PLAIN TO SEE: The high tide mark at Bachelor Island (Swain Reefs) that does not get covered by the tide these days.
PLAIN TO SEE: The high tide mark at Bachelor Island (Swain Reefs) that does not get covered by the tide these days. Contributed ROK260619reef1

Does this CQ island prove that sea levels aren't rising?

By James Lindley

DO NOT believe the wanna-be heroes that think they know it all; believe the proven facts.

Down between Warrnambool and Port Fairy in Victoria are the remains of an ancient ship that was first reported to be high in the sand dunes in 1836.

When questioned, the oldest Aborigines in the area at that time said that "it had always been there even in their fathers' time”.

If the ship ran aground when the sea level was higher, that would explain why it was so high in the sand dunes (Google "Mahogany Ship”).

Be fair with your evaluation. Remember the old Australian saying, "You cannot argue with a mug” and this essay does not intend to argue with anyone. This is history that anyone can see for themselves.

Charles La Trobe, the first governor of Victoria, found a set of European keys that had most likely been dropped into the water because they were in a line of shells that had once lined the beach. They were found high above the present day high water mark. If the keys had been dropped on the beach, surely the Aboriginals, who would have come to see the Europeans' footprints and marks on the beach, would have found the keys (Google "Geelong Keys”). This is Point Number Two.

There are three glaring differences between the map of the east coast of Australia drawn in 1522 (Google "Dauphin Map”) and the map Captain Cook drew in 1770.

Matthew Flinders of Bass and Flinders fame, considered the Dauphin Map to be excellent work. The Dauphin Map depicts Wilsons Promontory as a group of islands; which they would be if the sea level was approximately four metres higher at that time; 1522. (Point 3).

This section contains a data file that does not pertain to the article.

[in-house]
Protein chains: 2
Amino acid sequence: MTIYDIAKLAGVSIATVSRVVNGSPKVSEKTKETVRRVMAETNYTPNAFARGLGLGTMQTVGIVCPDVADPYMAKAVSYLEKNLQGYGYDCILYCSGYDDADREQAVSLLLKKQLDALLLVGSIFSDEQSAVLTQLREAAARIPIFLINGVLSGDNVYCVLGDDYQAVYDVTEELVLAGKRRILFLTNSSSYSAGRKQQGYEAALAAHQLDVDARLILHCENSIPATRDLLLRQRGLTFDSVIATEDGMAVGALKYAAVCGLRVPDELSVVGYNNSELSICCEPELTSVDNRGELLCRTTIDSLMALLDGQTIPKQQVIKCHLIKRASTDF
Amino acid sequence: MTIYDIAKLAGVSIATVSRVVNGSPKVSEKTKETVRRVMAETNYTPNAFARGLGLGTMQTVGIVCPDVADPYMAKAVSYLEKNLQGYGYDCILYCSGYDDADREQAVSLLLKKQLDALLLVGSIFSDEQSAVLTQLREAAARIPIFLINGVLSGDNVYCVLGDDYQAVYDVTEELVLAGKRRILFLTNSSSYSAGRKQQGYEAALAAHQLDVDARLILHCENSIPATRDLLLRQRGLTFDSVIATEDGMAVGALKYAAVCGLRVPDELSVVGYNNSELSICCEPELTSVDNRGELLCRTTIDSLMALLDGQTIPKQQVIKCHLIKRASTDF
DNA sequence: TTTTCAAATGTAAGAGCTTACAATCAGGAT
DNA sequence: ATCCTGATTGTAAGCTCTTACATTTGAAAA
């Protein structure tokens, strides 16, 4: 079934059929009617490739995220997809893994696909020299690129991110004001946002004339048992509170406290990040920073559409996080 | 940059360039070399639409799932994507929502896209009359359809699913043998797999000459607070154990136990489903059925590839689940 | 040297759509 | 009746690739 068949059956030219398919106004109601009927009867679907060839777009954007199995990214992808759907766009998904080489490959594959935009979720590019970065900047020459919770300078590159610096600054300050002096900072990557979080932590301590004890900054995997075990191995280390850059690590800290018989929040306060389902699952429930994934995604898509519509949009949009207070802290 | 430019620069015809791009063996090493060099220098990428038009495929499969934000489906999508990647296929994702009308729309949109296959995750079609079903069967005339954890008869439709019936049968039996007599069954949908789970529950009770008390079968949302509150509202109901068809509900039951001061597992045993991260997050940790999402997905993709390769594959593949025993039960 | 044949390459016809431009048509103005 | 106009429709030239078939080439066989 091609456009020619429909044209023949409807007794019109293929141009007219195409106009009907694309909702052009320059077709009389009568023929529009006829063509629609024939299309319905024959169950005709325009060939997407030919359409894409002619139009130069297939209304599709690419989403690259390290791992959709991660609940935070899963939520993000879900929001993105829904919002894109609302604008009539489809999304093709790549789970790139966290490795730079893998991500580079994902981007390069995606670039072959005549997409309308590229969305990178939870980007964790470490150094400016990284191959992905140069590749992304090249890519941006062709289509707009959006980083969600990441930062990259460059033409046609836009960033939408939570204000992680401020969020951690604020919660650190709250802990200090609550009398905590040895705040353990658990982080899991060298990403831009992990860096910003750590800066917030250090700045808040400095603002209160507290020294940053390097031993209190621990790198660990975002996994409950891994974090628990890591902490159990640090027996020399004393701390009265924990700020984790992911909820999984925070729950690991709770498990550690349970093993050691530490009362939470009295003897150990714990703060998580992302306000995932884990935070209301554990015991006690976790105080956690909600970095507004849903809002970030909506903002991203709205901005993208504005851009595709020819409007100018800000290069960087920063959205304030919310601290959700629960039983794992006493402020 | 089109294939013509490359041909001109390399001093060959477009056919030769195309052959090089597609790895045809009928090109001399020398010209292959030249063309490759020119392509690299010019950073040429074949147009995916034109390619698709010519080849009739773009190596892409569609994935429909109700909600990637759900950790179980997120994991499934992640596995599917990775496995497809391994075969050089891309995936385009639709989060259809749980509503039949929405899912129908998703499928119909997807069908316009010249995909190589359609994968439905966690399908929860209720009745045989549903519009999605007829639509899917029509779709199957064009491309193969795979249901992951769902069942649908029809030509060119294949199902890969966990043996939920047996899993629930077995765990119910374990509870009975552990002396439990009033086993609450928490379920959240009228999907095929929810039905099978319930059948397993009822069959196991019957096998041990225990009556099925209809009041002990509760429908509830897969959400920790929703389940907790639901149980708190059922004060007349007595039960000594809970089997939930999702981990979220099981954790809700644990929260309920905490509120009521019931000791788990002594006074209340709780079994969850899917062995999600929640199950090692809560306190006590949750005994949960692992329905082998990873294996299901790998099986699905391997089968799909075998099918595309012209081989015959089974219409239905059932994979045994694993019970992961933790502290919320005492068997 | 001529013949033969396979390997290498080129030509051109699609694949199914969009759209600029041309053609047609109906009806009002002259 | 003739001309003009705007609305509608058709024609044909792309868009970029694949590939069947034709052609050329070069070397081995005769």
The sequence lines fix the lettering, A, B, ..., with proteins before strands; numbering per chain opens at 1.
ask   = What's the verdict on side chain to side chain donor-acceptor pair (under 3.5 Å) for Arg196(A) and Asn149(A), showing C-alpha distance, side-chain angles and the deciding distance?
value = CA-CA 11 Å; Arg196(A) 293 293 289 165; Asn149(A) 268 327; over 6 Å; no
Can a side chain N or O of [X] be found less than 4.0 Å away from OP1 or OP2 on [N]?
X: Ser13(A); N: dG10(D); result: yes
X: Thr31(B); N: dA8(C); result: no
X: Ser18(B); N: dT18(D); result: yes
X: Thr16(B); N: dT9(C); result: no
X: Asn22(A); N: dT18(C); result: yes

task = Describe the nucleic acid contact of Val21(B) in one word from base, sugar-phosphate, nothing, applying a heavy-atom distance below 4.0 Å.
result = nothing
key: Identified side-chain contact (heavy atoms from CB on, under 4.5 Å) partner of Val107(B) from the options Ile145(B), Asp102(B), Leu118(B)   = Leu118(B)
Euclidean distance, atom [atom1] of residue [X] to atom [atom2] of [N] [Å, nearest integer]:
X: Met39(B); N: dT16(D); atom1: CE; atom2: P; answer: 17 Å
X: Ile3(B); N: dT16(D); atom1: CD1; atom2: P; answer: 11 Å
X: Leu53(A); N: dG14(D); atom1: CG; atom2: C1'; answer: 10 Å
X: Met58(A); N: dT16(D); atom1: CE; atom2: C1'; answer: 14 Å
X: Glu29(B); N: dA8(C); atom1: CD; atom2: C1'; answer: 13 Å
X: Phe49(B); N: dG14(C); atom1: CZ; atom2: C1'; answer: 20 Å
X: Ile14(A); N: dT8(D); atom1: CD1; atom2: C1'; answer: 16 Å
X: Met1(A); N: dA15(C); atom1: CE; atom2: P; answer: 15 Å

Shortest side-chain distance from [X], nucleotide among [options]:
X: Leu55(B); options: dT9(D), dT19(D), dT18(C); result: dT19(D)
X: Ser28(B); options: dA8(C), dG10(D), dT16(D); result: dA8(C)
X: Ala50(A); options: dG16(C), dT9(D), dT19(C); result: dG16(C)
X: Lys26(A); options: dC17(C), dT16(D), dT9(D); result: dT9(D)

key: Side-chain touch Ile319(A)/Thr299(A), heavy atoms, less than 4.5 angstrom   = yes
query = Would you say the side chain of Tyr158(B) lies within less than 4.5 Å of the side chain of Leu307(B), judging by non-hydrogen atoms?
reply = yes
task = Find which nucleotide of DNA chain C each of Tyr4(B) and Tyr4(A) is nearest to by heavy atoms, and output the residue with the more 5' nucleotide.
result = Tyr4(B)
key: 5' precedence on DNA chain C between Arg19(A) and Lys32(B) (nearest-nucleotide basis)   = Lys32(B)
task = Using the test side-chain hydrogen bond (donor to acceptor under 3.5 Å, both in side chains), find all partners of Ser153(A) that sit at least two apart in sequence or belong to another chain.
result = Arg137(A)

Sydney Harbour is shown much larger than it is, which it would be if sea level was higher. Point 4. Cooktown's Endeavour River and harbour are shown much larger then it was when Captain Cook stopped there to repair his ship, after running it on the Endeavour Reef that is marked on the Dauphin Map. Point 5.

There are numerous places on the Australian coast that indicates that sea level was much higher "some time” in the past. I took the attached photograph at high tide, note well, high tide. This second higher "high tide” line is clearly visible. This island is in the Swain Reefs group, off Central Queensland and I can take people there to see this place if they do not believe me. I was on a fishing charter aboard the Bell Cay, and although the Bell Cay has been wrecked, it is possible that the skipper of Bell Cay, Stumpy of Yeppoon, would recognise this island and name it.

Only because I study history did I become aware of what I was seeing and the possible reason for the two high tide lines; one that the high tide covers now, and the other about four metres higher and clearly visible. Reading this essay, it is possible to see that the east coast of Australia has experienced Climate Change in the past.

Surely it would take many years for wave action to cut so deep into the rocks to leave this line. Green mangrove trees on the left of the island do not grow under water; therefore the tide will not go up to the next mark.